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Being a Golden Hawk means more than just cheering on our (really good) varsity teams – it means being a student who cares about your community, who works hard in the classroom, and who takes advantage of all the learning opportunities that can happen outside the classroom, too.


June 9, 2015

Laurier alumnus Jeremy Hedges and current student Jared Riddell run an initiative called ‘Fuelling Life’ in which fitness programming is combined with volunteer farming to help feed the needy in the Waterloo community.

Hedges, who played varsity rugby at Laurier, was also president of the Laurier Lettermen Club in his final year. The club, which allows varsity athletes the opportunity to give back to the community, led Hedges to volunteer at Cedarbrae Public School in Waterloo. During his time there, he often heard the words “I’m hungry” from students but did not consider their implications.

“I’ve always been passionate about people and I wanted to know more about hunger in our communities,” said Hedges.

After doing some research, Hedges discovered that one in six Canadians experience hunger, 50 million Americans are "food insecure" and rely on an inadequate food stamp system, and more than two billion people worldwide do not know where their next meal is coming from. Hedges also learned that hunger has a devastating effect on the development of the human brain. He found studies showing that malnourished children from ages zero to three have brain volumes up to 40 per cent smaller than a healthy child. The damage is permanent and more than halves their lifetime earning potential. Hunger, famine, and starvation are not caused by a shortage of food but rather by a shortage of access. This knowledge inspired Hedges to be the change he wanted to see and to encourage others to join him on the journey.

Hedges knew that promoting local agriculture could make a difference in his local community and abroad, and he set out to find a way to motivate people to get involved. He hopes to not only raise awareness about hunger, but also to promote the evolution of healthy lifestyles.

“Bringing fitness and organic farming together was the answer,” said Hedges. “By providing great value for fitness programming, farming knowledge and organic produce, I've started a new brand of fitness that gives back to the community. Our participants get fit, eat organic food and have the opportunity to make a difference in their own community.”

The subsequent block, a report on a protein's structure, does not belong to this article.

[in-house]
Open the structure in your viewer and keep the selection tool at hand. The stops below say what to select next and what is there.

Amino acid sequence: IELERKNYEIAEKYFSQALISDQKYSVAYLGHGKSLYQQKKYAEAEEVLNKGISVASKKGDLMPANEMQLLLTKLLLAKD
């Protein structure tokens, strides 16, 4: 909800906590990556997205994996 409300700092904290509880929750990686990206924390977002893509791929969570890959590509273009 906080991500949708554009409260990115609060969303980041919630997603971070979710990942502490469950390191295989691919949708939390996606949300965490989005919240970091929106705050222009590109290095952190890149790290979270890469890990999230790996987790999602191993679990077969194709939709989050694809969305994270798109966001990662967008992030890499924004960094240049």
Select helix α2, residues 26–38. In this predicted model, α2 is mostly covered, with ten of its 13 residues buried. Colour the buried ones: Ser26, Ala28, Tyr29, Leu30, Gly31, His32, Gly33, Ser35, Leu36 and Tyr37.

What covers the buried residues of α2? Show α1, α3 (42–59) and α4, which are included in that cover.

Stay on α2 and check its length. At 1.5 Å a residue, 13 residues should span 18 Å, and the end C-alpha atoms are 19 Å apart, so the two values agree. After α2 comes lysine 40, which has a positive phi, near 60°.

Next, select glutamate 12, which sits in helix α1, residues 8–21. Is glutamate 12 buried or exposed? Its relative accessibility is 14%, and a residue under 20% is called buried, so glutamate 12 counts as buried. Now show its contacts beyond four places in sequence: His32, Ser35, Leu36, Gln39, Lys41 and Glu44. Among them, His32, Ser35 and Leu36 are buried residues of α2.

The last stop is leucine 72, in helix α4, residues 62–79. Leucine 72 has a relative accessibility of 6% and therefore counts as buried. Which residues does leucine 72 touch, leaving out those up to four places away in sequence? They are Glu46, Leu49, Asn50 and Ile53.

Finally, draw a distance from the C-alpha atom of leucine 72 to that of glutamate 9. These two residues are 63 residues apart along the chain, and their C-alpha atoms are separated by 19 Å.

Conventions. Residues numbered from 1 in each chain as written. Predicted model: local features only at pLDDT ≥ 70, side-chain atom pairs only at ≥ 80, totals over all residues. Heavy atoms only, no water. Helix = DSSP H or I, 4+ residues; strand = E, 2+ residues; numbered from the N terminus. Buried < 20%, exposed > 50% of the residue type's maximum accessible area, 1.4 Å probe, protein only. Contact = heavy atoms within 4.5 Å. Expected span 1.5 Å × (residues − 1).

In just 20 days this concept has gone from idea to reality. The Waterloo-based program already has more than 50 members, and a new chapter has opened in Cambridge out of Riverside Park.

Riddell, a plant biology major at Laurier, works as the plant biologist and master gardener for Fuelling Life.

Another member of Hedges’ team is Alex Longo, a professional personal trainer with similar passions about people and the environment. She is responsible for the fitness programming of Fuelling Life.

For now, Fuelling Life targets all age groups but Hedges and his colleagues plan to open more classes based on varying fitness levels.

Fuelling Life sessions begin with circuit workouts in Waterloo Park, followed by a jog over to the Sunnydale Community Centre in Waterloo, where participants tend to the program’s organic gardens. Participants will learn about organic farming, the benefits of a healthy diet and exercise routine, and the gratification of giving back to the community. The majority of the harvest will be donated to the Sunnydale Distribution Centre or The Food Bank of Waterloo Region, and the rest will be prepared for group lunches and snacks.

Registration for the program is $30 for the entire summer. This fee includes: a Fuelling Life t-shirt, gardening gloves, 45 training sessions (May 17-Sept. 1) and a slideshow progression of the participants and their gardens. The program will run Tuesdays and Thursdays from 6 p.m. to 7 p.m., and Sundays from 9:30 a.m. to 11 a.m.

Fuelling Life will cultivate 1,000 square feet of organic fruit and vegetables for donation to the Food Bank of Waterloo Region. Hedges and his colleagues hope to ‘plant the seed’ for a program that will ‘grow’ across Canada and the world, making nutritious food the norm for everyone.

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